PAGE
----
“How can I support you during this difficult time?” They may not know what they need for support so feel free to offer meals, help around the house or whatever else you are willing to do to help out while they recover. Pregnancy loss is emotional, mental and also physical. Try to support the person in the way THEY need support.

“I’m so sorry that happened to you” Positivity in the face of tragedy is cruel. You are better off saying “that really sucks” or “I’m sorry that happened”. The honesty of not trying to cheer them up will be much more appreciated.

“I’m here for you if you want to talk or need anything” Letting them know you are available if they need you is a major way to help them feel less alone. They may not take you up on it, but I promise they will never forget the offer.

Unfortunately no matter how alone we feel in our loss, we aren’t alone. Walking down the street most of the women you pass will have suffered a pregnancy loss. In your own family tree, many will have suffered at least one pregnancy loss. We feel alone because the topic is sad and people don’t know what to say or they say the wrong thing and make us feel even more alone. Somewhere along my journey I decided to speak up and openly talk about my recurrent pregnancy loss. Often times it makes people uncomfortable and can feel like oversharing but it’s important. I want everyone to know my story so if it happens to them, they know at least one person who has also been there. I want people to know my story so we can dispel the fantasy that creating life is easy and perfect.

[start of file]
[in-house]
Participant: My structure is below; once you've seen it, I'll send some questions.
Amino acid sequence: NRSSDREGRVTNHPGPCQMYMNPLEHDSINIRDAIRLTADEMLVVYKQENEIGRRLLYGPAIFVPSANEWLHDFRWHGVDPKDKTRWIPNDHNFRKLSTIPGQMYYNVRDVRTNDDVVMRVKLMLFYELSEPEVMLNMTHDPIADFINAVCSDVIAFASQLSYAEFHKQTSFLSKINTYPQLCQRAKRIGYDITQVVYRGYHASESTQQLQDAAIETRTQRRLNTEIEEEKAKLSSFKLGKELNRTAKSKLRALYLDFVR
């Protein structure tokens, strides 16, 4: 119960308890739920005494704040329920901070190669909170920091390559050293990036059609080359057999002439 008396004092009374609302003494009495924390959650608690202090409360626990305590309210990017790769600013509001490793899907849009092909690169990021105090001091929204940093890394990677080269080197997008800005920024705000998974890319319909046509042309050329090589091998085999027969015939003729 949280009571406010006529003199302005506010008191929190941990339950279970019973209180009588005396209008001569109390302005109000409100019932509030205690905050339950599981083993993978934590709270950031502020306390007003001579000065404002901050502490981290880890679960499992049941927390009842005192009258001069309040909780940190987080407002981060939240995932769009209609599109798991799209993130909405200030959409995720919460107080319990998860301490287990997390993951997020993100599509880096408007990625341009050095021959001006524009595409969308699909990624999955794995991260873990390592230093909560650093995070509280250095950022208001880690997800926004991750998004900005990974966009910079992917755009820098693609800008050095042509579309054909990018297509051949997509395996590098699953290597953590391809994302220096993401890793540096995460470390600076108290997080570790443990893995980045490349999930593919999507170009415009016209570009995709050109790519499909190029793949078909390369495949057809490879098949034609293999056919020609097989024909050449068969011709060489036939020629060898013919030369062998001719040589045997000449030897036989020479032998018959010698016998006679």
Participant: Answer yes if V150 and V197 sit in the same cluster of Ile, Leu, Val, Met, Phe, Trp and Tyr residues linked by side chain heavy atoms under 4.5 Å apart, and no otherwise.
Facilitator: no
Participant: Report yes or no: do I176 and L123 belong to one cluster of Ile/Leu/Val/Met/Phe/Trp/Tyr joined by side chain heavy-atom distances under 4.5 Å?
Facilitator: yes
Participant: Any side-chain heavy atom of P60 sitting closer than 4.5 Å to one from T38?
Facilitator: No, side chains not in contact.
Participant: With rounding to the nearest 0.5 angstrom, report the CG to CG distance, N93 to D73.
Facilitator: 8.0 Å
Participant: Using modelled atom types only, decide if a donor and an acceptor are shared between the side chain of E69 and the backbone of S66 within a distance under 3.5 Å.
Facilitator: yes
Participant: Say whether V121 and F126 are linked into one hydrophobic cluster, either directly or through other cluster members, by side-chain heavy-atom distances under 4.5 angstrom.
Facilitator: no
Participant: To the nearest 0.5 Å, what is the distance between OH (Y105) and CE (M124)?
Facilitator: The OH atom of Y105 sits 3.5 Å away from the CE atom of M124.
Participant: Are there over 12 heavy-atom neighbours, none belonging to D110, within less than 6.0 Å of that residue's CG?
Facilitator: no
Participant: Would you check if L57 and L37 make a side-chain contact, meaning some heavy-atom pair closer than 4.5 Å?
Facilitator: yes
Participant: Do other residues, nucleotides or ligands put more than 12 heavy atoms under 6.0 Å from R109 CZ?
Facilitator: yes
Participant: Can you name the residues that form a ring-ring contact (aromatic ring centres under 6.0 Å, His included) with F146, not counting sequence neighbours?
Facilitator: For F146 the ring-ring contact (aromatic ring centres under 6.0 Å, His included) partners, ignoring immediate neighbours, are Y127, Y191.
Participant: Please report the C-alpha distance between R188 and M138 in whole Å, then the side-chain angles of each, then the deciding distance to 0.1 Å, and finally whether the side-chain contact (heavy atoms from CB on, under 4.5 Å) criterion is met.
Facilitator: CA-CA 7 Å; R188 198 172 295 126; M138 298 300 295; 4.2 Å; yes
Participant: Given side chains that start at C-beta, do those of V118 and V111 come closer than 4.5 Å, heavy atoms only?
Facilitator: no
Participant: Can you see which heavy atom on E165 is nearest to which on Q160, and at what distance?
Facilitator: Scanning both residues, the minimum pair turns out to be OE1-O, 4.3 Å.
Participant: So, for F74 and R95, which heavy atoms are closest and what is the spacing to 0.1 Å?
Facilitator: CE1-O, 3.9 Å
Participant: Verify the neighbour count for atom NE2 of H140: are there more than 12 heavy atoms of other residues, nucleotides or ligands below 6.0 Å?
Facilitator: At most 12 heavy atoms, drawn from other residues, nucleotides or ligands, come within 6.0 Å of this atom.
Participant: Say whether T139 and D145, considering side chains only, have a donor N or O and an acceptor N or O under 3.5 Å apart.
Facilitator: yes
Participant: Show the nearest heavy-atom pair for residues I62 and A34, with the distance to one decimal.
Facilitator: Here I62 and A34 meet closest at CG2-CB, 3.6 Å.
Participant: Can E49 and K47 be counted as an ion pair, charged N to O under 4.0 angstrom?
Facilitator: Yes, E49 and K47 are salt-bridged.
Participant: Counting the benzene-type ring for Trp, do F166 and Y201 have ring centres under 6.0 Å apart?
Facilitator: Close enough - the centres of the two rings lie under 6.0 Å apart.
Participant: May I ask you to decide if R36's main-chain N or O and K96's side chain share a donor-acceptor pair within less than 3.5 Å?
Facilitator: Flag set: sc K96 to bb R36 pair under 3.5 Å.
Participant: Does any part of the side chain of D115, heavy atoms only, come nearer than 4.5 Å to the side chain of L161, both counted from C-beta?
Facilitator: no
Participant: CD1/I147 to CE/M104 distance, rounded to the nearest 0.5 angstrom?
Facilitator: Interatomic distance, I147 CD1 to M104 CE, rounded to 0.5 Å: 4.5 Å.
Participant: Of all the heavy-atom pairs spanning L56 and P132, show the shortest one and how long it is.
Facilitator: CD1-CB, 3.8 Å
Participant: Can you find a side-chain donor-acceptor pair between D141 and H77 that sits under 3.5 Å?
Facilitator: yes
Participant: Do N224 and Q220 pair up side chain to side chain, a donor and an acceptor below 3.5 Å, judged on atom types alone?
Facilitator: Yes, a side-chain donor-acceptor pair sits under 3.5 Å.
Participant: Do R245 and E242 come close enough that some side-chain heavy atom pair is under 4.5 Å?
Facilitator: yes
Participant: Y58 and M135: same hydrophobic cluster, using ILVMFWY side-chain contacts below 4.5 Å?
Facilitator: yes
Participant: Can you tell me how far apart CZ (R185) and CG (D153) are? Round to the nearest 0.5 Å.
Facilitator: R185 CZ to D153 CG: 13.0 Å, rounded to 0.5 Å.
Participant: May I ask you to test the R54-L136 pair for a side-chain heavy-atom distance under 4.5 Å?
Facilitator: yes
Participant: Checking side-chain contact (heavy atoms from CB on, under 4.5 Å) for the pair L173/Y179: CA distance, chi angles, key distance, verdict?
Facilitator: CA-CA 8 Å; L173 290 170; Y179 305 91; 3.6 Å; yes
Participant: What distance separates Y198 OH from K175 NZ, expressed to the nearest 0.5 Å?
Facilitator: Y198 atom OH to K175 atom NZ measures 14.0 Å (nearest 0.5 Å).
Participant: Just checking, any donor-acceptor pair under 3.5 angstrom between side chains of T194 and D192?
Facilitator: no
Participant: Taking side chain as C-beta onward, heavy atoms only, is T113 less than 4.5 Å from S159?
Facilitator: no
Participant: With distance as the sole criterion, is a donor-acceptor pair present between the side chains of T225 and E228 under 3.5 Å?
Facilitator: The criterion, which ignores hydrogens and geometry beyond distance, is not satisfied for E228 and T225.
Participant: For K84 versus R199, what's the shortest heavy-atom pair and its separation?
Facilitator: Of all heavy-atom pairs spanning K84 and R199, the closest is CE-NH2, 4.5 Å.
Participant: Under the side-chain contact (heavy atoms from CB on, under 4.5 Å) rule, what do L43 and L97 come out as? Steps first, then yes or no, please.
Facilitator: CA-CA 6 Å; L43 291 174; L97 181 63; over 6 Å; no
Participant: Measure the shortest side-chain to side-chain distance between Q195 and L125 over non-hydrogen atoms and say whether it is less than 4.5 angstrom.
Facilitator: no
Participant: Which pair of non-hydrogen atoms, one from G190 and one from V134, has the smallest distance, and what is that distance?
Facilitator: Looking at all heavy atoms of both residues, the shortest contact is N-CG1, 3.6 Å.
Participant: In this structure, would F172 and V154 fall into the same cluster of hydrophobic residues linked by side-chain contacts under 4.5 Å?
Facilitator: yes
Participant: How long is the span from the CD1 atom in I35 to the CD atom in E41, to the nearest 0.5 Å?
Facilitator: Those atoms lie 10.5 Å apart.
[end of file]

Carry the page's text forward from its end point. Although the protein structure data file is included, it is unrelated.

I talk about my pregnancy loss in a way that is unemotional and approachable for others to ask questions without worrying about hurting my feelings or being invasive. I want people to ask questions. I want to help other people learn what to say to someone they love that has suffered a loss. Over my 10 year journey of growing my family I have lost 6 of my 8 children during pregnancy. Everyone else says I have two children, but I have 8, only two survived.

The babies we lost are real.


Leave a Reply

Fill in your details below or click an icon to log in: Logo

You are commenting using your account. Log Out /  Change )

Facebook photo

You are commenting using your Facebook account. Log Out /  Change )

Connecting to %s

This site uses Akismet to reduce spam. Learn how your comment data is processed.

Start a Blog at

Up ↑

%d bloggers like this: